Is the Nuclear Power Industry Economical?

The economic benefit of the nuclear power industry, as a whole, should be a focus of the ongoing evaluation of the industry, ref. 1. Unfortunately the national debate about the value of nuclear power does not typically include its value to the national economy.

In March 2014, a bipartisan organization was established to support nuclear energy, called “Nuclear Matters.” The organization’s website, at >www.nuclearmatters.com>, provides compelling economic data about the nuclear power industry in the U. S. For example, the industry provides about 100,000 jobs through direct employment. It’s domestic procurement of goods and services is obtained from 22,500 vendors and amounts to about $14 billion. The industry pays a total of $8.3 billion annually for local, state and federal taxes. A typical nuclear plant employs 500-700 people at an average wage rate that is 36% above the prevailing local wage rate. And finally, it is noted that 36% of the industry’s workforce will be eligible to retire in 2016, providing tens of thousands of job opportunities for new workers.

Let’s compare the employment benefits of wind turbines, coal and nuclear electric power plants, ref. 1.

1. The 1000 MW, rated Nuclear Plant requires 500 jobs, at an average salary of $31./hour and yields a total yearly salary of $32. million.
2. The 1000 MW, rated Coal Plant requires 187 jobs, at an average salary of $28./hour and yields a total yearly salary of $11. million.
3. The 1000 MW, rated Wind Farm requires 50 jobs, at an average salary of $35./hour and yields a total salary of less than $1. million.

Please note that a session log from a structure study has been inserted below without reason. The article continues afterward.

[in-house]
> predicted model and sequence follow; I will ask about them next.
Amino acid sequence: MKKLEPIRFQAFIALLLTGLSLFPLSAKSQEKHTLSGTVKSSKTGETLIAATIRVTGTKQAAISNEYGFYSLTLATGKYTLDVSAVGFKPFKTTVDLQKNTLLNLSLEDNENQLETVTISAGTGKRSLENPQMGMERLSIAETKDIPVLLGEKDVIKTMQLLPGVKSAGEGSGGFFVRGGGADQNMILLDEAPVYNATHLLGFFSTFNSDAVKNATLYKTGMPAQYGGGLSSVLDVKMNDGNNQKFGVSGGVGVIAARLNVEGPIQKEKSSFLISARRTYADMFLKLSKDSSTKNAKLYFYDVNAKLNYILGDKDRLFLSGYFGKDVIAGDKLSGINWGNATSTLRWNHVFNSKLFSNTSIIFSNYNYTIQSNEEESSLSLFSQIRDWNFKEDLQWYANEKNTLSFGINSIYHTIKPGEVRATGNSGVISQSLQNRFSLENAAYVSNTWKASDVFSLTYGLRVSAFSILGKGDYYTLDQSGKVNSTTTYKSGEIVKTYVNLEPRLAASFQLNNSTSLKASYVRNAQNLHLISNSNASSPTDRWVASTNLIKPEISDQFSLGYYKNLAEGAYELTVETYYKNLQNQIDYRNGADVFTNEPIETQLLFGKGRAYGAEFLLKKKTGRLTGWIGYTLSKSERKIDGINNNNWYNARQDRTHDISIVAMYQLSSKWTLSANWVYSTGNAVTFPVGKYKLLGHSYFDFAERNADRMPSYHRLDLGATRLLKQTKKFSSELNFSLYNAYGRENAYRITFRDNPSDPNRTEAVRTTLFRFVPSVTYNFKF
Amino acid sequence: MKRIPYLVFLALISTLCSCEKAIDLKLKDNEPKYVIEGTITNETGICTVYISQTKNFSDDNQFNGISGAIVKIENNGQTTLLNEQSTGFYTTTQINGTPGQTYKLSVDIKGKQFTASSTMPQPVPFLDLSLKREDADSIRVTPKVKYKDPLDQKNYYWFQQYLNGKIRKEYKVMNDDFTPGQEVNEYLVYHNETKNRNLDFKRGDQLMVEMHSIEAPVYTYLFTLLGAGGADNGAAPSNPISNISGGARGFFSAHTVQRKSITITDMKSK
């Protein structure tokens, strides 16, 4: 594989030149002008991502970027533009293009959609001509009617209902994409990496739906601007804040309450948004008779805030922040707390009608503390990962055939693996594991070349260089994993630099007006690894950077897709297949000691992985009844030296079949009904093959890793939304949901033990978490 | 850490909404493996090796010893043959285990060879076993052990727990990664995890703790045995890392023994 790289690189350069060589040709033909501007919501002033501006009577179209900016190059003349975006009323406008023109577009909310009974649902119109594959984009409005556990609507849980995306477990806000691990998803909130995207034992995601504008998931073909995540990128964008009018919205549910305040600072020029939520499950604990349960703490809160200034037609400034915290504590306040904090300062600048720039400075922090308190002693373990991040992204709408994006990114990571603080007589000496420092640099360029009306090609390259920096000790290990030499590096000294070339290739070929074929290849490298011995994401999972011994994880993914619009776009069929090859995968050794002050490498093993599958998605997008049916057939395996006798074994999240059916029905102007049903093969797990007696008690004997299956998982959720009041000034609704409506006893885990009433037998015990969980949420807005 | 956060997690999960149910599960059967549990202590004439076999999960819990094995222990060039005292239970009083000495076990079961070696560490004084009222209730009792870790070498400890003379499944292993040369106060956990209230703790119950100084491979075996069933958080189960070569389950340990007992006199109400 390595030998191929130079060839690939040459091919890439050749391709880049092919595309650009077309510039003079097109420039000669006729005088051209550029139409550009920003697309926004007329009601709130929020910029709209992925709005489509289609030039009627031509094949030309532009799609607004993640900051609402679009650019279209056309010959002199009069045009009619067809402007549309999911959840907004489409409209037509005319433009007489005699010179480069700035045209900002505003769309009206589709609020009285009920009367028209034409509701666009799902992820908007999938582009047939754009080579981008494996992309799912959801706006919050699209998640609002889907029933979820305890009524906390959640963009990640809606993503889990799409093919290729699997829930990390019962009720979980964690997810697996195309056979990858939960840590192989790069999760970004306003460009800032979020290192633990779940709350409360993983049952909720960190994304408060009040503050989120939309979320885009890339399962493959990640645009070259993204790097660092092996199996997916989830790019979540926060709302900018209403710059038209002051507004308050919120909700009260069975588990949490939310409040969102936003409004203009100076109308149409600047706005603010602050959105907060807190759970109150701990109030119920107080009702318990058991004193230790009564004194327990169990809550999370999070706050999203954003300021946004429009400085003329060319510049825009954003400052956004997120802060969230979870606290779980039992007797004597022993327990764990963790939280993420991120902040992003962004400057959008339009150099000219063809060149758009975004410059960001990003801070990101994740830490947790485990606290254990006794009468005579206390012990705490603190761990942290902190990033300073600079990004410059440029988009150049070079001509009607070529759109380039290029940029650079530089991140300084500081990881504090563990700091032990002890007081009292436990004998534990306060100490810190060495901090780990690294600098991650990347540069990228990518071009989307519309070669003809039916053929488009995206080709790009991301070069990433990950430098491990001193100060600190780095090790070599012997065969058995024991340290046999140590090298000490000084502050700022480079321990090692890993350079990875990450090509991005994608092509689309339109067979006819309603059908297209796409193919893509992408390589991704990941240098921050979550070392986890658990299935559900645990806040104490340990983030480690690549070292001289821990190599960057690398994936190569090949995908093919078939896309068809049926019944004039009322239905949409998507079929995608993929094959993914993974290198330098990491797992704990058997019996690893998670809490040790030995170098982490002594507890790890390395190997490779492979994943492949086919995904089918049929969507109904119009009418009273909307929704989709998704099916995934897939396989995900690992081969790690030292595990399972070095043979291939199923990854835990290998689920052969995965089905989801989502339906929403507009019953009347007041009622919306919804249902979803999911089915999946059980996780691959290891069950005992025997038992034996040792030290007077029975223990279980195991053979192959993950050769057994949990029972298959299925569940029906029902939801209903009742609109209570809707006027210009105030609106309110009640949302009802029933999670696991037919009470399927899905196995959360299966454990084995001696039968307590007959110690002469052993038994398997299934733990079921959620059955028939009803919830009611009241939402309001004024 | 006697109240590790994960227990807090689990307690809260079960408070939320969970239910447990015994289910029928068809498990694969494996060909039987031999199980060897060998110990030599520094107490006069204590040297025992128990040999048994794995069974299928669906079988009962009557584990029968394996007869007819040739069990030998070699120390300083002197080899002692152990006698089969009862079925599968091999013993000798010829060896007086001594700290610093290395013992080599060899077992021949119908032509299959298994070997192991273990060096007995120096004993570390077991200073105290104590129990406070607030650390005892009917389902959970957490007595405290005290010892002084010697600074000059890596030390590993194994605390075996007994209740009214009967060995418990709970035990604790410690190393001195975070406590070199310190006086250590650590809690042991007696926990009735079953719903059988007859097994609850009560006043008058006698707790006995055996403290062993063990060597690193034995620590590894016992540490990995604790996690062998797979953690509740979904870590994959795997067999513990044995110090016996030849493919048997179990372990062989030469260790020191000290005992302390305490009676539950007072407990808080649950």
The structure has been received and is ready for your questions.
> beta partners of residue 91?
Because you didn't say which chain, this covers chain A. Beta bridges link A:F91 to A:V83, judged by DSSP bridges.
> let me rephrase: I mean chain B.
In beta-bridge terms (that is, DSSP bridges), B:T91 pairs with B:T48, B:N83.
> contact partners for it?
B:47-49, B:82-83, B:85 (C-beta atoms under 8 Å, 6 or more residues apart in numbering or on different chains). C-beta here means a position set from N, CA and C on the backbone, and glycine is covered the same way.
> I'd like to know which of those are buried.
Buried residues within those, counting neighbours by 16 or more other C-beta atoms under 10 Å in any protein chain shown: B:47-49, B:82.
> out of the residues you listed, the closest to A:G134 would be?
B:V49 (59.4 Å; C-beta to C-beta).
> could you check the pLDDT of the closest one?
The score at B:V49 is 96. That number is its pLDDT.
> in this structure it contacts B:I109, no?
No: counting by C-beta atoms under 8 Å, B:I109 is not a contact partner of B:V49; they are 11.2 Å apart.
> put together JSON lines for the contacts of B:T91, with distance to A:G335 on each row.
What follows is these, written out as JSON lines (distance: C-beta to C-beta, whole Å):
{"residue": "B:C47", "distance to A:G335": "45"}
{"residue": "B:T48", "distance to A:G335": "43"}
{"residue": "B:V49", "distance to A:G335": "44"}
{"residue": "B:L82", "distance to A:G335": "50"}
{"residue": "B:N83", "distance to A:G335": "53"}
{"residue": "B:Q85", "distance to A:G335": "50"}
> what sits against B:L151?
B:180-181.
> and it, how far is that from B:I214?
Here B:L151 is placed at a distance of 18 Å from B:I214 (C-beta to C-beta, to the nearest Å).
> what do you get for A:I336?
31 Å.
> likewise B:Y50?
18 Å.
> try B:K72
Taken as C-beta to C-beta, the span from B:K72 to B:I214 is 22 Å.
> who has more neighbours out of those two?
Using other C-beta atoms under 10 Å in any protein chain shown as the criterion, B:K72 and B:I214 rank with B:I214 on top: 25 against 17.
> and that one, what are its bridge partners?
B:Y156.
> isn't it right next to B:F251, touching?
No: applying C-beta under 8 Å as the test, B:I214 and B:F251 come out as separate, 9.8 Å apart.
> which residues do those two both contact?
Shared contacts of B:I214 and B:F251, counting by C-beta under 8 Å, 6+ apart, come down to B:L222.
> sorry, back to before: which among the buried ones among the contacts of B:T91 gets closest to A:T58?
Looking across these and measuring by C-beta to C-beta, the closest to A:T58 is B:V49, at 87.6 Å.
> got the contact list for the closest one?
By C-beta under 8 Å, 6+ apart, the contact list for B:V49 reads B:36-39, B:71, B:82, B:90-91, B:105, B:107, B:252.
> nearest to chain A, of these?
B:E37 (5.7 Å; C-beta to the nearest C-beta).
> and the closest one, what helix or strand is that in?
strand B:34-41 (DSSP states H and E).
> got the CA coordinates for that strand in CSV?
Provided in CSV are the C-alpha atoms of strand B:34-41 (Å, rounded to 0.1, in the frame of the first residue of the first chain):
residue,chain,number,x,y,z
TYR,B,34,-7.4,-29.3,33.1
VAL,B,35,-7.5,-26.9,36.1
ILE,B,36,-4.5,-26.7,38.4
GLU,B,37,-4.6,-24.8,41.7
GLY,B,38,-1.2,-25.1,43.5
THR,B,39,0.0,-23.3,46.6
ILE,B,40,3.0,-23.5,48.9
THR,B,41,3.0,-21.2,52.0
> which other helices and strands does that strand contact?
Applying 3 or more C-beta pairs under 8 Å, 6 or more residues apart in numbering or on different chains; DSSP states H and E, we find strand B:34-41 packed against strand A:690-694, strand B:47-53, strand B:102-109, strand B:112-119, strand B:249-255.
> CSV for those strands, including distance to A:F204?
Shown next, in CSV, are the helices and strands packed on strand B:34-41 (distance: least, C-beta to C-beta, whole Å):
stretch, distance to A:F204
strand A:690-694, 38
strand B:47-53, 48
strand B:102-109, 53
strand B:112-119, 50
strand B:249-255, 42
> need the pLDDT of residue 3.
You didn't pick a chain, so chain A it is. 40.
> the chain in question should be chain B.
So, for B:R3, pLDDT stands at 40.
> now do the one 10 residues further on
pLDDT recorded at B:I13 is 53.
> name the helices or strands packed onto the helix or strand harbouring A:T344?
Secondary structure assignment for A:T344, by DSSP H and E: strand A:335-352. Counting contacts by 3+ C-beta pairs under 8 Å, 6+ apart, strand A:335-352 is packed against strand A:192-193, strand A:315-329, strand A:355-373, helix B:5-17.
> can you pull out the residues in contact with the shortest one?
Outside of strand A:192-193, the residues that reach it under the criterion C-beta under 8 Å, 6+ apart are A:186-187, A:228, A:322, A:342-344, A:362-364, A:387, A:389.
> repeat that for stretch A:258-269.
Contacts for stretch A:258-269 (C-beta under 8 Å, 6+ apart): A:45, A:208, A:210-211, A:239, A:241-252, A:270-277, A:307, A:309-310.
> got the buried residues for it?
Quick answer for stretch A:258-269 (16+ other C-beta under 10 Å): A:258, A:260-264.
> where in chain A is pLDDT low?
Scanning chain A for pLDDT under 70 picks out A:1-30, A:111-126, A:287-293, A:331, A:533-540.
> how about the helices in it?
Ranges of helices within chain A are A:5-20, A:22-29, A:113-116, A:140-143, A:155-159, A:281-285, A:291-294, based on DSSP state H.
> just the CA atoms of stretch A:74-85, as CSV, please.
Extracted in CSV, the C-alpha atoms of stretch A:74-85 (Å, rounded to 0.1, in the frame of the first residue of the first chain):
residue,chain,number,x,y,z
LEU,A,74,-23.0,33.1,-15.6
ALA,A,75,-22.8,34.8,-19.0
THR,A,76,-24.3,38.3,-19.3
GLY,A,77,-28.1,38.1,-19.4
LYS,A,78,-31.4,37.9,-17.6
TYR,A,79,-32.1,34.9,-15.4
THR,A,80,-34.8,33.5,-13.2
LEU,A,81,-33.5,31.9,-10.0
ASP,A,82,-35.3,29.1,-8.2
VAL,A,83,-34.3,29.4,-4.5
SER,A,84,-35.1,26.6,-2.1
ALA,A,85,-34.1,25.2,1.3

By comparing the above information, 1 thru 3, nuclear energy is the most employment and salary-intensive source of electricity production. It should be noted that wind turbines produce only about 38% of their rated power, per year, because of wind availability. In contrast nuclear electric plants operate about 90% of the time at rated power. The nuclear power industry supports over 700,000 permanent jobs nationally. Nuclear generation is and always has been clean and carbon free. The future closure of coal fired electric plants, starting in 2015, will result in unemployment for thousands of workers. The stagnation of nuclear electric production has sadly closed the door for new employment growth in an industry that offers high paying jobs. The fallacy of the current administration energy policy is that it has advocated wind energy and has discouraged the growth of the nuclear industry. Growth of nuclear electric generation is needed for energy independence.

The economic benefits and creation of jobs driven by the nuclear power industry need to be at the forefront of the energy policy discussion in the United States.

Ref. 1. Byus, Linda C., “The economic value of the U. S. nuclear power industry”, Nuclear News, Published by the American Nuclear Society, Sept. 2014.